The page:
The Collects, for their part, concentrate exclusively on his doctrinal contribution, with the petition following suit regarding the Church’s own orthodoxy. I’m sure it would be difficult to add more without greatly abbreviating the present content, but I regret that after saving the city twice, and being such an exemplar of Christian service (both as deacon and as bishop), nothing in the Collect embraces anything other than his admittedly great and doctrine-defining theological insight.
    The lessons, on the whole, are okay, … I suppose, … sort of. The Psalm portion does not seem to me to be an honest use of the Psalm: it excerpts from a profound lament the lines that say in effect, “I’ll try to think about happy stuff, i.e., stories where God helped our ancestors — instead of the mess we’re in now, and instead of the fact that God seems to have abandoned us completely!” (I thought we were above “proof texting” as a church?) Here are the verses (NRSV) just prior to our portion – see if you think we haven’t proof-texted the Psalm:
    7 “Will the Lord spurn forever, and never again be favorable?
    8 Has his steadfast love ceased forever? Are his promises at an end for all time?
    9 Has God forgotten to be gracious? Has he in anger shut up his compassion?” Selah
    10 And I say, “It is my grief that the right hand of the Most High has changed.”
    [NOTE: Only then does it go into the verses selected for our use today:]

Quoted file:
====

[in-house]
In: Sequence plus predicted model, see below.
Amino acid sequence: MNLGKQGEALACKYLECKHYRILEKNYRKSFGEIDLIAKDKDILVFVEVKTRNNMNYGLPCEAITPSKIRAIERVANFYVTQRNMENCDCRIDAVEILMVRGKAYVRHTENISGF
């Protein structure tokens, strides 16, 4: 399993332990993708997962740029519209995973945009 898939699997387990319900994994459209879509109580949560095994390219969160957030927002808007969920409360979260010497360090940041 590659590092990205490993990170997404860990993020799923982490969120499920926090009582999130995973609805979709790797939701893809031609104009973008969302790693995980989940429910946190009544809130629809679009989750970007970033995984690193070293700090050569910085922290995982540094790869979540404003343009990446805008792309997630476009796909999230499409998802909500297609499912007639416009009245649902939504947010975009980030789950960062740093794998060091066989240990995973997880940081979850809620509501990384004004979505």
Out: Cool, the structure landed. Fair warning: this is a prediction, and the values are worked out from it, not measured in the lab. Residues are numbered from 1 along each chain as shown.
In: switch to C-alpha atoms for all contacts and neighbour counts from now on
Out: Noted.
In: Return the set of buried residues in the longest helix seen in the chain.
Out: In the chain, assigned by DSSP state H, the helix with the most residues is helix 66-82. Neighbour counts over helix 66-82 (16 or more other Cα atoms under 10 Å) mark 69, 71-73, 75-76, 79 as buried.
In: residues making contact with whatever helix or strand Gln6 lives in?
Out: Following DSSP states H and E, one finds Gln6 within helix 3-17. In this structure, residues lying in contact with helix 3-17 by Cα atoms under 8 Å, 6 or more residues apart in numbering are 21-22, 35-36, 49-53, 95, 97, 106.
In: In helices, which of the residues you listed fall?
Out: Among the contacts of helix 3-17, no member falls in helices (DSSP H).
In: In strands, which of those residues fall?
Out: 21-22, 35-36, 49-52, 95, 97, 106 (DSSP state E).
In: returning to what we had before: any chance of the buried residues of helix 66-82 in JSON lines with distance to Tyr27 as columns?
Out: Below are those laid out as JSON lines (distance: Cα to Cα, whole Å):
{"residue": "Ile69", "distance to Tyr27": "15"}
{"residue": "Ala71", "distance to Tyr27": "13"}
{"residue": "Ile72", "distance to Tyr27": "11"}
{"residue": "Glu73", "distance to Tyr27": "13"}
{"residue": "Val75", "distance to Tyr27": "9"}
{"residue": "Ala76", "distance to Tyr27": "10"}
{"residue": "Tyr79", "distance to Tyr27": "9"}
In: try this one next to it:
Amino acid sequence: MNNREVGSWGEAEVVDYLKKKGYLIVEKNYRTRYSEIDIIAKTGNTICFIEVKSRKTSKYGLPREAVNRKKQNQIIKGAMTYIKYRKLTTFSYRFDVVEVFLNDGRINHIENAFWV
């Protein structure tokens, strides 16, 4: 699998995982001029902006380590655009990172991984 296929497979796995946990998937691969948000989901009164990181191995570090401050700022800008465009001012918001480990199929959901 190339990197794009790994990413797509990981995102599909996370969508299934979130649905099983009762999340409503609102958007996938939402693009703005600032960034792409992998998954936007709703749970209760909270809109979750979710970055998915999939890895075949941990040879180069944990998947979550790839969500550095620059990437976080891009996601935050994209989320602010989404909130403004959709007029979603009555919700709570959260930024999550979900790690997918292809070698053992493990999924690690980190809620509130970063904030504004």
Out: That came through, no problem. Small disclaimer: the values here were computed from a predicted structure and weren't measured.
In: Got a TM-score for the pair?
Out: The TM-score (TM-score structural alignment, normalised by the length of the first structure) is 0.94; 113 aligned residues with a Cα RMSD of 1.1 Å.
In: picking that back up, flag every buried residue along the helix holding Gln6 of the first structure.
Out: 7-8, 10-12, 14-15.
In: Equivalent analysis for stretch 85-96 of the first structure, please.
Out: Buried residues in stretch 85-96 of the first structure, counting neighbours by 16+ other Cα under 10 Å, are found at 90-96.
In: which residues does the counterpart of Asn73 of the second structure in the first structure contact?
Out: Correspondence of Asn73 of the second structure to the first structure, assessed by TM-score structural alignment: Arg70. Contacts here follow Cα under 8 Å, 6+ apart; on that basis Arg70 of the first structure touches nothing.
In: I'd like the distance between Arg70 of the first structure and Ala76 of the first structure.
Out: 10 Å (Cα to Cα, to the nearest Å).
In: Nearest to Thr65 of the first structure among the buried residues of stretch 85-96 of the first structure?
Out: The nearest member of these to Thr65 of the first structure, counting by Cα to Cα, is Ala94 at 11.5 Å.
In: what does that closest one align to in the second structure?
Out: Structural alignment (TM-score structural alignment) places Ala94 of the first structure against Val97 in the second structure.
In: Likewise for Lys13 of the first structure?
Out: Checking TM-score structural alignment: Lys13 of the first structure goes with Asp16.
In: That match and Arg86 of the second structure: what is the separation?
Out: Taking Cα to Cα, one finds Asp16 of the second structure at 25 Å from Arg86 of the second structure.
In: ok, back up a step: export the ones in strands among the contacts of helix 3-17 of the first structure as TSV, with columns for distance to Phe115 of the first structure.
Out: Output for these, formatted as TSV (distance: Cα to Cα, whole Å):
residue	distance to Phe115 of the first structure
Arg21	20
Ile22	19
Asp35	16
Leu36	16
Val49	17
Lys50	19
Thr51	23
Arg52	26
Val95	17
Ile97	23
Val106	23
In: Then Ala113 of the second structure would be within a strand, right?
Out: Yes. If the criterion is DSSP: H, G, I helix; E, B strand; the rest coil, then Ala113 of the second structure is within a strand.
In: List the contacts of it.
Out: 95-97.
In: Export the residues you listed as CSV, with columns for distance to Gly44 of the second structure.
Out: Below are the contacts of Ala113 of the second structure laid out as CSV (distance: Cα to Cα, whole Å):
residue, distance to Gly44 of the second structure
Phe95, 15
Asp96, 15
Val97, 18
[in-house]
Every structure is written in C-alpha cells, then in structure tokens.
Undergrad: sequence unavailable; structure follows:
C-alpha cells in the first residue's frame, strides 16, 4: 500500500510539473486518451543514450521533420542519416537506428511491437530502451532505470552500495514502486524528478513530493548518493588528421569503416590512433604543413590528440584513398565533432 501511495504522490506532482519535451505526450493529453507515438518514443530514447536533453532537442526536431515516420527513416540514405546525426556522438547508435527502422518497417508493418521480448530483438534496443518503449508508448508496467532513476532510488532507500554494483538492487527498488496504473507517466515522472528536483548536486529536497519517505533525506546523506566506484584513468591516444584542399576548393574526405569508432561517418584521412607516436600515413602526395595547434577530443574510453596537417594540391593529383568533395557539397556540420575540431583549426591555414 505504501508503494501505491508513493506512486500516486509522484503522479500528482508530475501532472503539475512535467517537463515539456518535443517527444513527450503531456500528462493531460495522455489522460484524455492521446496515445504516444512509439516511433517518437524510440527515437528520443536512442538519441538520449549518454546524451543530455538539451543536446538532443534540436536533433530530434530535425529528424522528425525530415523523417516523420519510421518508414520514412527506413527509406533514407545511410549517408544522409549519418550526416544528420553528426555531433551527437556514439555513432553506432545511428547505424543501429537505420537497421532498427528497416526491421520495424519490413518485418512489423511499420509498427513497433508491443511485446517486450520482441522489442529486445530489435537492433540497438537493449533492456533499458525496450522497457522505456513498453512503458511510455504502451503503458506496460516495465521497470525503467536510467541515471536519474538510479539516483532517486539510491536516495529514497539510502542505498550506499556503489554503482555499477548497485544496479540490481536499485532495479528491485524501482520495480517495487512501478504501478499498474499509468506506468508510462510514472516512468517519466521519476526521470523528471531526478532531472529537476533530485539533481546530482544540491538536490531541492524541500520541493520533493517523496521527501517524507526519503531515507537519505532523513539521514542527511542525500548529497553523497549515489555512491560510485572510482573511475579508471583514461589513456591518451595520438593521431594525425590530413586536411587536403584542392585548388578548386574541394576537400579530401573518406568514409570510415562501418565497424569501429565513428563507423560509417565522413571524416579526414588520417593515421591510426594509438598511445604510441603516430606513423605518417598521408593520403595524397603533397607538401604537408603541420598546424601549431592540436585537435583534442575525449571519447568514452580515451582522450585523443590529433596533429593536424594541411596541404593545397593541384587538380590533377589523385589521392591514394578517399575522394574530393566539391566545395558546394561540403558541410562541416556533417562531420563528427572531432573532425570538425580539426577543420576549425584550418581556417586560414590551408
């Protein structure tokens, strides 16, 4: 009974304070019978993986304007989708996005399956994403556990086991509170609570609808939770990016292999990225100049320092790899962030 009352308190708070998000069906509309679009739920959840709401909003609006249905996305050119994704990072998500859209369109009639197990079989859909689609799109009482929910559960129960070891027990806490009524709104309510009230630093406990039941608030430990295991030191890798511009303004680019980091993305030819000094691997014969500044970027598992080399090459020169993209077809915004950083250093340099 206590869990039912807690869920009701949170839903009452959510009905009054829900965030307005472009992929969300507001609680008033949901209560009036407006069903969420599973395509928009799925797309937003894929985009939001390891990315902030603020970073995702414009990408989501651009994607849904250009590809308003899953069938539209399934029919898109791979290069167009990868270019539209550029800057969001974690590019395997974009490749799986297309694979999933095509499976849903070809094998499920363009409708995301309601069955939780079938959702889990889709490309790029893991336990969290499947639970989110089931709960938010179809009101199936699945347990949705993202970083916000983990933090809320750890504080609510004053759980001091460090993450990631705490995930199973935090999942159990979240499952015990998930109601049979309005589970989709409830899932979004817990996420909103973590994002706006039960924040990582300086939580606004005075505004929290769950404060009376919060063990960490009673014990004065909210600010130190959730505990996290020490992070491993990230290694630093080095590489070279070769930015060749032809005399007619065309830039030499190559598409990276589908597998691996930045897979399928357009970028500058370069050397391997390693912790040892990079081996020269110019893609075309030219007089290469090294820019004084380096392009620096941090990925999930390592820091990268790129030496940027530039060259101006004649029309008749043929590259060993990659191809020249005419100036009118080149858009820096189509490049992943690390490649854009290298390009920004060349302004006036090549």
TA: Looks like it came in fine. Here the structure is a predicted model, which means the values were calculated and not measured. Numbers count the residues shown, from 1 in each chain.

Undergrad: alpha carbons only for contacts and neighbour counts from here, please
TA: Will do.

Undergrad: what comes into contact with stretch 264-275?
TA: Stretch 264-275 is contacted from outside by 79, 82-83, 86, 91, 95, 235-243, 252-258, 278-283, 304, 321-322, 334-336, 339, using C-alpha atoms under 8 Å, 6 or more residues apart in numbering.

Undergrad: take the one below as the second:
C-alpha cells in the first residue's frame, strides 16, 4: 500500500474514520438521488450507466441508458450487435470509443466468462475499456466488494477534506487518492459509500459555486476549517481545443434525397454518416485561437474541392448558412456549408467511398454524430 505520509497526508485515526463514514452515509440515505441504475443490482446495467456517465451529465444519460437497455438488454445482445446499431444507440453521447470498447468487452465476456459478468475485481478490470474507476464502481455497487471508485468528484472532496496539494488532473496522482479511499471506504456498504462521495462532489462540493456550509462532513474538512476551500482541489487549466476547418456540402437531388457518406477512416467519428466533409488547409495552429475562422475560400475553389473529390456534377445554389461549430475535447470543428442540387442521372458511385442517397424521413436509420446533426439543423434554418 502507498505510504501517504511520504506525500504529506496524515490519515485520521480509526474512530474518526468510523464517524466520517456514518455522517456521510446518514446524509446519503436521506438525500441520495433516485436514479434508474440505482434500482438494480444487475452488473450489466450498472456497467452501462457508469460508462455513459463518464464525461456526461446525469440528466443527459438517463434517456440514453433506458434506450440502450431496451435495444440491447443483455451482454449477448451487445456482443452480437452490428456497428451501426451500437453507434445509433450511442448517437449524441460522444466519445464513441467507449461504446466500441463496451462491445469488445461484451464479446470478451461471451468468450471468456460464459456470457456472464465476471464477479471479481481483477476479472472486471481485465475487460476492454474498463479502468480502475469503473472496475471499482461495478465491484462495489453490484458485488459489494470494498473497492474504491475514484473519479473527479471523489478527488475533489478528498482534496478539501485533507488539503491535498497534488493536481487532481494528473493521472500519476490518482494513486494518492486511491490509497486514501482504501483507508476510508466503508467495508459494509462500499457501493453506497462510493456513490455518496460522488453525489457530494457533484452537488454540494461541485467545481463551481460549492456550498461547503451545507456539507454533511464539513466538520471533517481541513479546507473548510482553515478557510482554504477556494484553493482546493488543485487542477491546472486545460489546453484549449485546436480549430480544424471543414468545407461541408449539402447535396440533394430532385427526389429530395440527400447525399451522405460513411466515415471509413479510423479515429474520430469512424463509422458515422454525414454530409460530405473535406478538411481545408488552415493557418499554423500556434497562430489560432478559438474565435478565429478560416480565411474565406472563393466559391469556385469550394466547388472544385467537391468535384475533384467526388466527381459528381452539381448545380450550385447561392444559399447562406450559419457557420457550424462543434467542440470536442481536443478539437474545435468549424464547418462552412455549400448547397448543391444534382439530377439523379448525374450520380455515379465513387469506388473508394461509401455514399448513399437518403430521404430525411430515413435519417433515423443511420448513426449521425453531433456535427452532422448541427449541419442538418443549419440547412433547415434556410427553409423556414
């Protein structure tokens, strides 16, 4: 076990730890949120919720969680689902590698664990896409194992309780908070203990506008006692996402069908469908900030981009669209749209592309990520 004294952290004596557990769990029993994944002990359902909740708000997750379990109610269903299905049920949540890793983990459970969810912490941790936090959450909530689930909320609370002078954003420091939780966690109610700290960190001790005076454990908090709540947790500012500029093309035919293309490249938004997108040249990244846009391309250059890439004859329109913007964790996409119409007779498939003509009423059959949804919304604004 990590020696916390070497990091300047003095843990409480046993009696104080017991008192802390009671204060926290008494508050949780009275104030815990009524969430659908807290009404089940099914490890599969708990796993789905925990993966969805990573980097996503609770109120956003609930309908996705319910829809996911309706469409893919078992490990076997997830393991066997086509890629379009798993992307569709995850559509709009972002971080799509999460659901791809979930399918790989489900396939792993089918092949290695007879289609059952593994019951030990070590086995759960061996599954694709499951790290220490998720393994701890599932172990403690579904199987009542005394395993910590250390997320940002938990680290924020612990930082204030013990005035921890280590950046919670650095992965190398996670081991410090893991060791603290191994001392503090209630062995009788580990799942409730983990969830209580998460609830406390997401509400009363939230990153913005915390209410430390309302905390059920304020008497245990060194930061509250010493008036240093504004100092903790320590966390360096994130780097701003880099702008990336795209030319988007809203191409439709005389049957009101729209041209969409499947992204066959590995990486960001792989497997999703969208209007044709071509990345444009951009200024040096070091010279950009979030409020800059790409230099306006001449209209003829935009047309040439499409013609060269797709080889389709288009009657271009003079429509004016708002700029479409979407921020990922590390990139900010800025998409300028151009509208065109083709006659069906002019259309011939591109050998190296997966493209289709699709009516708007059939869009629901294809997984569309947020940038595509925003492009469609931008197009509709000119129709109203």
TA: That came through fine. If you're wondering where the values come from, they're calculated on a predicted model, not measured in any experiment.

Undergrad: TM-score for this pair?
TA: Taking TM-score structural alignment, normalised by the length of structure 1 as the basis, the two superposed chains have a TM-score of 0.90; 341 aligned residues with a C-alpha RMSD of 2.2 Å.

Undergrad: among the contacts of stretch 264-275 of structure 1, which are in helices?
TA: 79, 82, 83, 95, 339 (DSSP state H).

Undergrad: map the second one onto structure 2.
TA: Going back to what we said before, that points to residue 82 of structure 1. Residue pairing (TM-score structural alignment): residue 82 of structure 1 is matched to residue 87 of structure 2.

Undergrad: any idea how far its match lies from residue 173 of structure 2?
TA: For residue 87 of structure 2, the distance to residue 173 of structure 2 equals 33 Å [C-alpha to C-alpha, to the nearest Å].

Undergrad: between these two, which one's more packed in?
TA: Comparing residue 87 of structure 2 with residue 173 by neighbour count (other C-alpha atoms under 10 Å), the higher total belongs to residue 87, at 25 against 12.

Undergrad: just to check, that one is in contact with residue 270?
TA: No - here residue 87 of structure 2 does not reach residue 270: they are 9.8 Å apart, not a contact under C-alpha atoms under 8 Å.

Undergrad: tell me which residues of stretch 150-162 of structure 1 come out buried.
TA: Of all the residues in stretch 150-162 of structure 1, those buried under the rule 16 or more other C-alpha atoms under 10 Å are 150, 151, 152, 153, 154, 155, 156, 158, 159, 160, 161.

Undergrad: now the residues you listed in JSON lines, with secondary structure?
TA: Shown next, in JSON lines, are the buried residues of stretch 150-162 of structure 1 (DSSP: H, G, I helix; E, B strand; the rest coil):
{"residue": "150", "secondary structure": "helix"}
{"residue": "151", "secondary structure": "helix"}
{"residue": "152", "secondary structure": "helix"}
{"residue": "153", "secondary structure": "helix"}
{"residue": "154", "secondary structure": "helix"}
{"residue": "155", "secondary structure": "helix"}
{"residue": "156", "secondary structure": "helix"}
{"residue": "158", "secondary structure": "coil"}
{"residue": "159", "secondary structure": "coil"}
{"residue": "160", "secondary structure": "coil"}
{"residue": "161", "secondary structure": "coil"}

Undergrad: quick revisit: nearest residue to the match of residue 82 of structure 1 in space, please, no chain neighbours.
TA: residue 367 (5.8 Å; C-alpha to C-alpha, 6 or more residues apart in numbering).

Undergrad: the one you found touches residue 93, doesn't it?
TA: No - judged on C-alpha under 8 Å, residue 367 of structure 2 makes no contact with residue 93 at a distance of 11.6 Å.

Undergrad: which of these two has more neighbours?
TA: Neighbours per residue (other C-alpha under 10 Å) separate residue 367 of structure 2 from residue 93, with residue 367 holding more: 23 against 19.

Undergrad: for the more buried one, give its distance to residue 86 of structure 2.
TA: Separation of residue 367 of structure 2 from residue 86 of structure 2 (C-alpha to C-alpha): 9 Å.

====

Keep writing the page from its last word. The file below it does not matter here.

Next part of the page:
11 I will call to mind the deeds of the LORD; I will remember your wonders of old.

    I won’t pick at the other choices, but none seems to me to embrace the robust fullness of the gospel of Christian faith as fully as this commemoration gives us every opportunity and the right to do. I’m sorry to be so picky – it has to be hard to be responsible for ALL these commemorations – but the opportunity is rich beyond words. All in all, I still think it’s an excellent commemoration.

  2. Do we know if Leo was ever ordained a priest, or was he one of the many bishops who were deacons and never priests? Several popes were. He is the last pope we ever hear of preaching until modern times.

    The propers seem fine, and he is certainly worth commemorating.

    • On the preaching of popes after Leo: Gregory the Great (590-604) is famous for his homilies; and to give just one example from the Middle Ages: Pope Urban II preached wildly popular sermons in France in 1095 and 1096 advocating the crusade.